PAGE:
There are a number of processes that have been proposed by library and education leaders. School librarians, students, and classroom teachers have applied the Super 3, Big 6, Savvy 7, the Stripling Model, WISE model, Guided Inquiry Design or GID (Kuhlthau, Maniotes, and Caspari 2012), and more. Some of these models have focused more on a traditional research process and some are focused on an inquiry model.

Choosing a Process
In Maximizing School Librarian Leadership, I have built the inquiry chapter around the GID for several reasons. The GID is based on research conducted by Carol Kuhlthau. It acknowledges learning as a social-emotional process as well as an intellectual one. The GID process is comprehensive. It activates and provides students with necessary background knowledge to develop meaningful questions for study. It integrates reflection and formative assessment throughout the process and involves students in sharing their new knowledge. It is best facilitated by teaching teams working in instructional partnerships. To my way of thinking, it is perfectly designed for classroom-library collaboration.

School librarians, classroom teachers, and administrators can work in teams to review, assess, and select inquiry and research processes that will meet the needs of their learning communities. Taking a collaborative approach to determining a process that students apply in multiple grade levels and content areas is ideal.

Laura Long’s Example from the Field
Last month, Laura B. Long posted an outstanding article on the KQ blog about her collaborative work with her principal, school improvement team, and faculty to co-create a school-wide research process: Is a School-wide Research Model for You?” In her article, Laura shares the steps she took to lead her school community in instituting and shared process. “With the school’s Research Road Map approved and ready to share, (Laura) had the opportunity to meet with all of the teachers during one of our back-to-school workdays to introduce the new model to everyone. Small posters were printed for all classrooms, and multiple posters and reminder cards were printed for the library. Additionally, the road map was added to our student and teacher resources pages on the library website” (Long 2018).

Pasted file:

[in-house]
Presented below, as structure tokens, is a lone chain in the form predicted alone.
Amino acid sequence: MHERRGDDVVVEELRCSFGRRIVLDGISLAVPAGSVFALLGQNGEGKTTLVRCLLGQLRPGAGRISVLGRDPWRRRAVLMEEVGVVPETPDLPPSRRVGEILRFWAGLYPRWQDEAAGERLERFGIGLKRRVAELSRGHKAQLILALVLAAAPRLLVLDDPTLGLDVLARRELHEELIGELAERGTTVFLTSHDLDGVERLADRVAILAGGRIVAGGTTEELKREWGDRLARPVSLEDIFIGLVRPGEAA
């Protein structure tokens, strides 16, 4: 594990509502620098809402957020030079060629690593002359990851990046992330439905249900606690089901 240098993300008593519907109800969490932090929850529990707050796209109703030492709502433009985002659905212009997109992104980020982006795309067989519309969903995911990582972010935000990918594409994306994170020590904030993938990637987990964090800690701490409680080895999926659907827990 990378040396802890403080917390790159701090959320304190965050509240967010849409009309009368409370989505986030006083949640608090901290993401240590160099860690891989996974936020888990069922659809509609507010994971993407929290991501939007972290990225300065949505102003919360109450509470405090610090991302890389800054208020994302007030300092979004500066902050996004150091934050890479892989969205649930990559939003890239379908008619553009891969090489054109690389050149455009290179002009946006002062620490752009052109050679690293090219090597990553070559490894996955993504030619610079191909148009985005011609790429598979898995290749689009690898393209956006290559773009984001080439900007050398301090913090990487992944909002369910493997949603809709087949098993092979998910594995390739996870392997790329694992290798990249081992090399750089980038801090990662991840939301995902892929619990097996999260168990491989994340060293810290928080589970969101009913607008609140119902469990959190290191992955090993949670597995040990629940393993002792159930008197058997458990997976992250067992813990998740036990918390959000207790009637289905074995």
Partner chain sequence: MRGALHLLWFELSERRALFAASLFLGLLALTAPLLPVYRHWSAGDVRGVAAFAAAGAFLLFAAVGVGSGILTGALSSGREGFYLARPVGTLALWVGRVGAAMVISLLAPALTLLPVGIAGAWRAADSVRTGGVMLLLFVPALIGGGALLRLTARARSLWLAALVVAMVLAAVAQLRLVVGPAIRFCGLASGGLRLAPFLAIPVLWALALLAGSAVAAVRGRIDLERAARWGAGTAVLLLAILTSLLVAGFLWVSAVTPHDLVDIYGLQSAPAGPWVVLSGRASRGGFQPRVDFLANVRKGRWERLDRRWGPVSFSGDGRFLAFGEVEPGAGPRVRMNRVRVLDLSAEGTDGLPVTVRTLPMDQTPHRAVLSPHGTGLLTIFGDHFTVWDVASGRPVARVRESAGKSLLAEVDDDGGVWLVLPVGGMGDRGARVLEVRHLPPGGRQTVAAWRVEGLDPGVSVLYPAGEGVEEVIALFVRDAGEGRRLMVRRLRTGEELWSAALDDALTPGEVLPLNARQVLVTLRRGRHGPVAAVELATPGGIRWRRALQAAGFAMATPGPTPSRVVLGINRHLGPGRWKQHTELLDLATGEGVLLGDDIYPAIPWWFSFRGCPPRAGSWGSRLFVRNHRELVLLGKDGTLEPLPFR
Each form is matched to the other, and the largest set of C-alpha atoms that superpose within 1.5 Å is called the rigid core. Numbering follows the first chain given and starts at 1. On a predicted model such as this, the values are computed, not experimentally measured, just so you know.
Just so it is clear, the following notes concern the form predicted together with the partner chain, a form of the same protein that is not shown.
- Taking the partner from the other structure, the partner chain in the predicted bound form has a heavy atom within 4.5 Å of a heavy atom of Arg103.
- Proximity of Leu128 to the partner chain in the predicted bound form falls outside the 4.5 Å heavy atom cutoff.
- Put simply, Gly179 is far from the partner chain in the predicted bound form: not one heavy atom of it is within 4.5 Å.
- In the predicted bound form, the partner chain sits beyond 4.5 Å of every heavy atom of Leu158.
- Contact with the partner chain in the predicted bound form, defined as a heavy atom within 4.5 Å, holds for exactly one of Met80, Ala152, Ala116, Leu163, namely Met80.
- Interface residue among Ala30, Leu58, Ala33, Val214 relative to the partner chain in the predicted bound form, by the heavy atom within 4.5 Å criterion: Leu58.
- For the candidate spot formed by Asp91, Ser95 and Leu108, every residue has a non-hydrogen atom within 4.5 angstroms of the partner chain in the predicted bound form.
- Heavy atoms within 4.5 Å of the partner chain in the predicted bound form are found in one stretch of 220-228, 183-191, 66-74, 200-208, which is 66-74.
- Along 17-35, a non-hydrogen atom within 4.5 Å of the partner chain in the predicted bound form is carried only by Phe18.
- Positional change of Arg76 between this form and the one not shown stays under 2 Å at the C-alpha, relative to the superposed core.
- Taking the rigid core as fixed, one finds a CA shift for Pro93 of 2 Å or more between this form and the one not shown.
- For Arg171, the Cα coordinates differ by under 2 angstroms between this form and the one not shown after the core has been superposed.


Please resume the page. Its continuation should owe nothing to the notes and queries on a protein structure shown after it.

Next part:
I look forward to learning more about how this process will work for students and educators during this first year of implementation.

Priscille Dando’s Example from the Field
School librarian supervisor Priscille Dando provided this month’s virtual interview podcast. In her interview, Priscille shars how she is leading 244 librarians serving in 193 school library programs. She tells how the librarians in her district came to adopt the GID and her role in rolling out this inquiry learning framework. Priscille also shares the responses from students, classroom teachers, librarians, and administrators and how the GID supports other initiatives in Fairfax County (VA) Public Schools.

Check it out!

Questions for Discussion and Reflection

  1. What do you see as advantages for students, educators, administrators, and families in having a guaranteed, viable research/inquiry model and do you have colleagues in your school or district who may agree?
  2. If you school does not have a school-wide or district-wide research/inquiry model what would be your process for launching this conversation?

Works Cited